Monday, January 2, 2012

Book #2: The Little Little Girl with the Big Voice by Kristen Balouch

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I have a confession to make: I’m kind of a snob about children’s book illustrations. I like them to not only tell the story but to be works of art as well. I will admit, I’m a bit spoiled. My brother is an artist and our apartment is full of his drawings, paintings, sketchbooks, brushes, pencils, etc. (Ok, I will also admit that I take up my fair share of space with several hundred books. Still…). The point is that I’m picky when it comes to picture book illustrations. I will shove books back on the library shelves if their cover art strikes me as atrocious.

Thankfully, the book I’m featuring in today’s post had me at hello, a very loud hello. The little little girl reminds me of the characters in Disney’s It’s a Small World and the bright, bold colors are just irresistible. The story line is simple: this tiny girl has a big voice, so big that she scares away all the animals she tries to befriend. That is until she meets a lion with a roar as big as her voice. I like that the story is about a child who finds happiness by being her unique self. She doesn’t, not even for a second, think about changing to get others to like her.

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The text is very minimal, which means it can be a quick book if your audience gets ants in their pants, or you can draw it out by talking about the animals the girl meets, the noises they make, etc. This book would be great for an opposites storytime (Loud vs. Soft), a storytime about animal noises, or one about self confidence (Can you tell I grew up reading/listening to Marlo Thomas’ "Free to Be You and Me”?).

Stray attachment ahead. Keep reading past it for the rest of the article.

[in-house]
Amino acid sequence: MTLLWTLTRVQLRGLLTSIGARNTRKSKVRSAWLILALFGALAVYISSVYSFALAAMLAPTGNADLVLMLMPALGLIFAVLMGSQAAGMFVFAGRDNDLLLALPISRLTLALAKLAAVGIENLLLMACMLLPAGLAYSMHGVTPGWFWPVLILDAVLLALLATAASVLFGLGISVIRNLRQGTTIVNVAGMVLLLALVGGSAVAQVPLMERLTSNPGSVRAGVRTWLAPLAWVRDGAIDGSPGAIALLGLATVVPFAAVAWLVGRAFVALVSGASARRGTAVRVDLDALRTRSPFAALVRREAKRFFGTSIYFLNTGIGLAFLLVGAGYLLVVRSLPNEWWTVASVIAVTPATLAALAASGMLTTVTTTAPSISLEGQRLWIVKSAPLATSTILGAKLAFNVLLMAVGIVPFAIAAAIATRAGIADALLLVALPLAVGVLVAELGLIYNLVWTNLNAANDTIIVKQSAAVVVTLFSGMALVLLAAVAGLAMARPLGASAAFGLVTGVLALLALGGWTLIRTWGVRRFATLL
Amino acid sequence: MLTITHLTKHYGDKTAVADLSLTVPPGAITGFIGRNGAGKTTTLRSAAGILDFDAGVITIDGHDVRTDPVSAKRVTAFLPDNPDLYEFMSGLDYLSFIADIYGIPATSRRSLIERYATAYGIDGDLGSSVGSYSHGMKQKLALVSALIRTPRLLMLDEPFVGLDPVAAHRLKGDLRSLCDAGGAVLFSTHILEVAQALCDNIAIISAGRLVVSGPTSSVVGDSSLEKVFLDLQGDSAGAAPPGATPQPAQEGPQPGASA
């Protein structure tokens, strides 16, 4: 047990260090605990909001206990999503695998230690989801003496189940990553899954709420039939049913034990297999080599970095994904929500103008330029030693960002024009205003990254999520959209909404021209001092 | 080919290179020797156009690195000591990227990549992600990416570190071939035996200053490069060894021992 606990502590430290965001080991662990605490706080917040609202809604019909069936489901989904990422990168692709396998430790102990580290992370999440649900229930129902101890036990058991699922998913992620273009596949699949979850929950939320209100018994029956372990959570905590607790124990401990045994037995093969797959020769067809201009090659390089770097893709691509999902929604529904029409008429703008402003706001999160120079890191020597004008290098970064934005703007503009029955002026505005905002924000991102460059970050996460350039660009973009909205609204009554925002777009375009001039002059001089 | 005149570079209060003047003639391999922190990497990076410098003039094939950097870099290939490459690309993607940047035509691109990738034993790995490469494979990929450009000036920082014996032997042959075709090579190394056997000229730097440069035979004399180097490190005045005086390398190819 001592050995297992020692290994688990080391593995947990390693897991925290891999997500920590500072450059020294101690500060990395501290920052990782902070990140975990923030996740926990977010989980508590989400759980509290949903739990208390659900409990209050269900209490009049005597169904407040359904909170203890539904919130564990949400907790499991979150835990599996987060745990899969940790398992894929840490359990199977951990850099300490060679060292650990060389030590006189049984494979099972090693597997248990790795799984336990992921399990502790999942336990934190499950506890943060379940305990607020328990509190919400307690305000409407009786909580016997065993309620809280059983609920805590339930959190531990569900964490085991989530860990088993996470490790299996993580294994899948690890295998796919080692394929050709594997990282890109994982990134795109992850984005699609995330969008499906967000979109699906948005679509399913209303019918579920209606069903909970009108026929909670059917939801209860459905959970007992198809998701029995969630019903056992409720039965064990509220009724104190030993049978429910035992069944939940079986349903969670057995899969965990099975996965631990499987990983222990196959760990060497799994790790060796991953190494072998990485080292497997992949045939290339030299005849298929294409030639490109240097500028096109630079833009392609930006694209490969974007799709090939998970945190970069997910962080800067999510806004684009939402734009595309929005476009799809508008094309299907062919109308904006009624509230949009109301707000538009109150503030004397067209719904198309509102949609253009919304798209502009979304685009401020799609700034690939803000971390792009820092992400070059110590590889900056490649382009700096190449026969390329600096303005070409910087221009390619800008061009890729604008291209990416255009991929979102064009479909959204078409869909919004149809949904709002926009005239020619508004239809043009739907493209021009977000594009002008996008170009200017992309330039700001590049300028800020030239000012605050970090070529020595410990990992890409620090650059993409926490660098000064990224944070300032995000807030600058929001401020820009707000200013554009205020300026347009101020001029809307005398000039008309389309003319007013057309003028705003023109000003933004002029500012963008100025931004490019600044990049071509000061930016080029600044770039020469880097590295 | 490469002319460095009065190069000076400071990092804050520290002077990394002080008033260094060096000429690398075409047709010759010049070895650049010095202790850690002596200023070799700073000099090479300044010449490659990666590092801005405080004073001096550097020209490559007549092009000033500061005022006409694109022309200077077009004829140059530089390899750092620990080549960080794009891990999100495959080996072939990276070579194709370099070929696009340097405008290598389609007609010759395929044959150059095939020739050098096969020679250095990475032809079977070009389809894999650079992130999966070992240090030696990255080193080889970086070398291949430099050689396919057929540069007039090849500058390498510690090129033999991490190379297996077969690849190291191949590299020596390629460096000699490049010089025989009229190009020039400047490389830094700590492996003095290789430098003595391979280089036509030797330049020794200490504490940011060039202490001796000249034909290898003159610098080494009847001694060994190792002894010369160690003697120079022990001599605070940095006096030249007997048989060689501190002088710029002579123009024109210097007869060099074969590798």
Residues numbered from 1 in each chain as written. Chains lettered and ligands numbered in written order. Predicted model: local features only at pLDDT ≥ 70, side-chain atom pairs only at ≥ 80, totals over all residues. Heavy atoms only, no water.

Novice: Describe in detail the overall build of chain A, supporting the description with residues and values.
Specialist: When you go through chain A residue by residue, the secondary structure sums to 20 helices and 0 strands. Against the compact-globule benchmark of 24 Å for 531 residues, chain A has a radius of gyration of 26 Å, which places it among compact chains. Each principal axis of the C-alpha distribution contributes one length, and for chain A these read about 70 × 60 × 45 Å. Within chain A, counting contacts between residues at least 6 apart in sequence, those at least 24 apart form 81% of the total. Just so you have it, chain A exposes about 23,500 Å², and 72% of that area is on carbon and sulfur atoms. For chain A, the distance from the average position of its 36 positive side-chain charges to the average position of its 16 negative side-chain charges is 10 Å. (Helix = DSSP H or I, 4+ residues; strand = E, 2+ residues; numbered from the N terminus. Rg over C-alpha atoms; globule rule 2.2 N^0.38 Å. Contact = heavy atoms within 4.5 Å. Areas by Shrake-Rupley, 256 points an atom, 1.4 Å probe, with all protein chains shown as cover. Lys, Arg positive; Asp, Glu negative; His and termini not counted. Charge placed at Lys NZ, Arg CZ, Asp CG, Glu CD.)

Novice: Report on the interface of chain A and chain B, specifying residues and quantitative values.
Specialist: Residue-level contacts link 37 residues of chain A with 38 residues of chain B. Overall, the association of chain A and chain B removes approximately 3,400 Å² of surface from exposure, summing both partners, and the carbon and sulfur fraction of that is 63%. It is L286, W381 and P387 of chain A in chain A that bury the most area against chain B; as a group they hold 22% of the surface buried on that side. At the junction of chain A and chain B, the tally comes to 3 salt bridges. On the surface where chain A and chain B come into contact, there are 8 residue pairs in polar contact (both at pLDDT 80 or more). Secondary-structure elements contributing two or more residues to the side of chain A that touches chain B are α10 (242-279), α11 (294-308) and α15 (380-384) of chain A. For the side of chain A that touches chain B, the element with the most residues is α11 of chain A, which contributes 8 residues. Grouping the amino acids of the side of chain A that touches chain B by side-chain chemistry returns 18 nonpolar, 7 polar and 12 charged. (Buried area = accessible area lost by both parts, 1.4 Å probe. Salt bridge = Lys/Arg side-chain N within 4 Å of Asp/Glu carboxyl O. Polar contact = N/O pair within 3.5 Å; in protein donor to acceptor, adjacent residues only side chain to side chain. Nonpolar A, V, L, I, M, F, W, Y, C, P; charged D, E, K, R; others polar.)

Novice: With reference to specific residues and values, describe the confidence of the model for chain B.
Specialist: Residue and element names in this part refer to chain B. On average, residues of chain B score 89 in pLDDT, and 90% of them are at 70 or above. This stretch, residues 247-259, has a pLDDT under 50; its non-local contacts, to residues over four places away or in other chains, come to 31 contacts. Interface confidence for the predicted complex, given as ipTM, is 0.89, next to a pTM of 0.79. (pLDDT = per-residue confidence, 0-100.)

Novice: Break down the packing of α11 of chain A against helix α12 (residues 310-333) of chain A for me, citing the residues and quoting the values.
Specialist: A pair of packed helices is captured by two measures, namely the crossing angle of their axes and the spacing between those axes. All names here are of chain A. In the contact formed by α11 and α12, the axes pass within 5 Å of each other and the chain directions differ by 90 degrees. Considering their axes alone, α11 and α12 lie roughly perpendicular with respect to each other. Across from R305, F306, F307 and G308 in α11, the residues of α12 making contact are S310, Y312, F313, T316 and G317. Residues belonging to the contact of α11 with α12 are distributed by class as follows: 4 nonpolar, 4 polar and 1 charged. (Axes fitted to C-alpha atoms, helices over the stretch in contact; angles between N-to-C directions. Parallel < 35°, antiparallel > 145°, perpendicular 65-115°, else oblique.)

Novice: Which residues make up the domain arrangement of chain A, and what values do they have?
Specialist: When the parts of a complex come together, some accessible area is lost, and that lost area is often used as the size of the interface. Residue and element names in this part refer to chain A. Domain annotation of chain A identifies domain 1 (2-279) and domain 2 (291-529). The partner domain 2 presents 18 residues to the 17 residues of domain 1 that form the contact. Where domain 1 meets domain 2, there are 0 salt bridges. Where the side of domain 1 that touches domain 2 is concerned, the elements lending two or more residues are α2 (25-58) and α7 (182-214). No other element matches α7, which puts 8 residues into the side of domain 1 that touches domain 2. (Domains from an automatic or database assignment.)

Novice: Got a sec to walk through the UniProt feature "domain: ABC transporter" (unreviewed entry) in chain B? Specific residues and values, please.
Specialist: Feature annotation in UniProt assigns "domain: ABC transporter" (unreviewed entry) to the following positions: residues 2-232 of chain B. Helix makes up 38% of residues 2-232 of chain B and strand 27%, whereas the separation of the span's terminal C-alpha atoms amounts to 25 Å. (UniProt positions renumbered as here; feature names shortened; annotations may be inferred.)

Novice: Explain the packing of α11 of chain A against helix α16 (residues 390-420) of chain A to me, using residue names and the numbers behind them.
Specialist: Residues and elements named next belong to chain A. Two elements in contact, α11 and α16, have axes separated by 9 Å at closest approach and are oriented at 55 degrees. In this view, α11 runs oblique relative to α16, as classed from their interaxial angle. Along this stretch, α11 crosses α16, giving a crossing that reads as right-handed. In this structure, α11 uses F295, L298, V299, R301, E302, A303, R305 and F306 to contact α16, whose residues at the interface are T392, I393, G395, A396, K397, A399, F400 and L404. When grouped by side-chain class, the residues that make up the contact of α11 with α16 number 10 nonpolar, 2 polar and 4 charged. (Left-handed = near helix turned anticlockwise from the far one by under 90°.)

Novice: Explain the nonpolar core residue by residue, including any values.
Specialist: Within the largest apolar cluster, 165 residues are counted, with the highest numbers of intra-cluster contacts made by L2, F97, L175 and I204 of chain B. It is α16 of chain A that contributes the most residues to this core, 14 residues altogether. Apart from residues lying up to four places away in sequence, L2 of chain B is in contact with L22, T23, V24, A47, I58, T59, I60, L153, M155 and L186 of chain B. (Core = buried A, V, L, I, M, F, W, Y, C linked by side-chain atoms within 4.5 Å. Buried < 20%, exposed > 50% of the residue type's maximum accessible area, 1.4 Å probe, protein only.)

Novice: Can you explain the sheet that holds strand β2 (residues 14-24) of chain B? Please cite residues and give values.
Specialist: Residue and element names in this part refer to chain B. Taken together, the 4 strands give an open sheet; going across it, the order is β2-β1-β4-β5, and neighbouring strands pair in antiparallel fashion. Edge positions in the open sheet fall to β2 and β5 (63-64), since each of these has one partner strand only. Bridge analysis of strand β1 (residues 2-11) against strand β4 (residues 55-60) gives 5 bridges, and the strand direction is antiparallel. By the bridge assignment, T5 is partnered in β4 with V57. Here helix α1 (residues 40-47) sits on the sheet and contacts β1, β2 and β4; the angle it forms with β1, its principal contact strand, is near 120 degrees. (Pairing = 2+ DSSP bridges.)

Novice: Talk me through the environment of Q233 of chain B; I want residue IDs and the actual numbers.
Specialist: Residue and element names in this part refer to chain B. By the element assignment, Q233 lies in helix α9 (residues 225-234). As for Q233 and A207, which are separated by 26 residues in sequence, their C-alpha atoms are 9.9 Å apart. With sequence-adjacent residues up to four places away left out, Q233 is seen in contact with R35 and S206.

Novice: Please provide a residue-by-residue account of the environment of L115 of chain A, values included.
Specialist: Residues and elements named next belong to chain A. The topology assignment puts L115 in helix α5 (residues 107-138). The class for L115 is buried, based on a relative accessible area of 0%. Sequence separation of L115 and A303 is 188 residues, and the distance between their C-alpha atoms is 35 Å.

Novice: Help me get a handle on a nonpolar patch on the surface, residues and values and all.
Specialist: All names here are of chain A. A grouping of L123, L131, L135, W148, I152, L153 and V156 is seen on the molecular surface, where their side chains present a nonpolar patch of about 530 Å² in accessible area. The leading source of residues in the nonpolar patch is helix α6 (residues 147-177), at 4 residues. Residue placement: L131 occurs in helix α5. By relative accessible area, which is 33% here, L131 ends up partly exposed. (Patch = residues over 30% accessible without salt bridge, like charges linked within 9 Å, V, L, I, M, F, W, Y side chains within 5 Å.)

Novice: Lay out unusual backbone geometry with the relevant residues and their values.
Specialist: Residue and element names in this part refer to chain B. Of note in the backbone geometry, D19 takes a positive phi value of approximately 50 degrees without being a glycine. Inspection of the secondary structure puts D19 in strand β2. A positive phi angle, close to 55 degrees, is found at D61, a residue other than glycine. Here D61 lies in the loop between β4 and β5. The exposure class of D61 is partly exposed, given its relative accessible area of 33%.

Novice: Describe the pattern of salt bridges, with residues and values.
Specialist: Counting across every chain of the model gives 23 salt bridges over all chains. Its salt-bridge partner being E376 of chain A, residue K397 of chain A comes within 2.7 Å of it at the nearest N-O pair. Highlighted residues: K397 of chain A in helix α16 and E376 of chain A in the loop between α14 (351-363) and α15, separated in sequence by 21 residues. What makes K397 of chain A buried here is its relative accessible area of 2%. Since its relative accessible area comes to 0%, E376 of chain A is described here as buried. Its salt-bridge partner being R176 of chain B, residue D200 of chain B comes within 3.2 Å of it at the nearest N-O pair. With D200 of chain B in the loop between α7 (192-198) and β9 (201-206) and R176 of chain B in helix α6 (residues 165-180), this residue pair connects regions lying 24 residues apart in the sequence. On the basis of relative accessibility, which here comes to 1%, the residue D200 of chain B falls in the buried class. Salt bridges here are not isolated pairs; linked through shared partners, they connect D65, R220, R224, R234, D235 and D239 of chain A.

I would love to pair it with songs or rhymes that emphasize the difference between loud and soft. Such as the song John Jacob Jingleheimer Schmit, which is usually sung very quietly until the “Da da da da da da’s.” I also found a great variation of the classic “Two Little Birds” fingerplay that helps kids practice their loud and soft voices.

Two little birds sitting on a cloud (index fingers held out in front)
One named soft and the other named loud.
Fly away soft, fly away loud. (one index finger behind the back and then the other)
Come back soft, come back loud. (one index finger back in front and then the other)

Not only is this an easy fingerplay to add if you need another rhyme to settle the kids, it’s helpful because most kids (and parents) learn some version of it at some point making it easy for them to jump right in. And if they’re really into it, you can always throw in some of the other versions (Jack and Jill, High and Low, Fred and Spence, Short and Tall, etc.).

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Craft-wise, I would love to do a collage craft using bold shapes and colors, as Balouch used in the book. And of course, you can always make and decorate a variety of noisemakers, coffee can drums, rainsticks, etc. Always popular with the kids (although less so with their parents).

Finally, I just like the idea of doing a “loud” book in a library. The quiet stereotype is so prevalent; it feels good to break it even in small ways. Which makes me think the little little girl would be very very proud of me.


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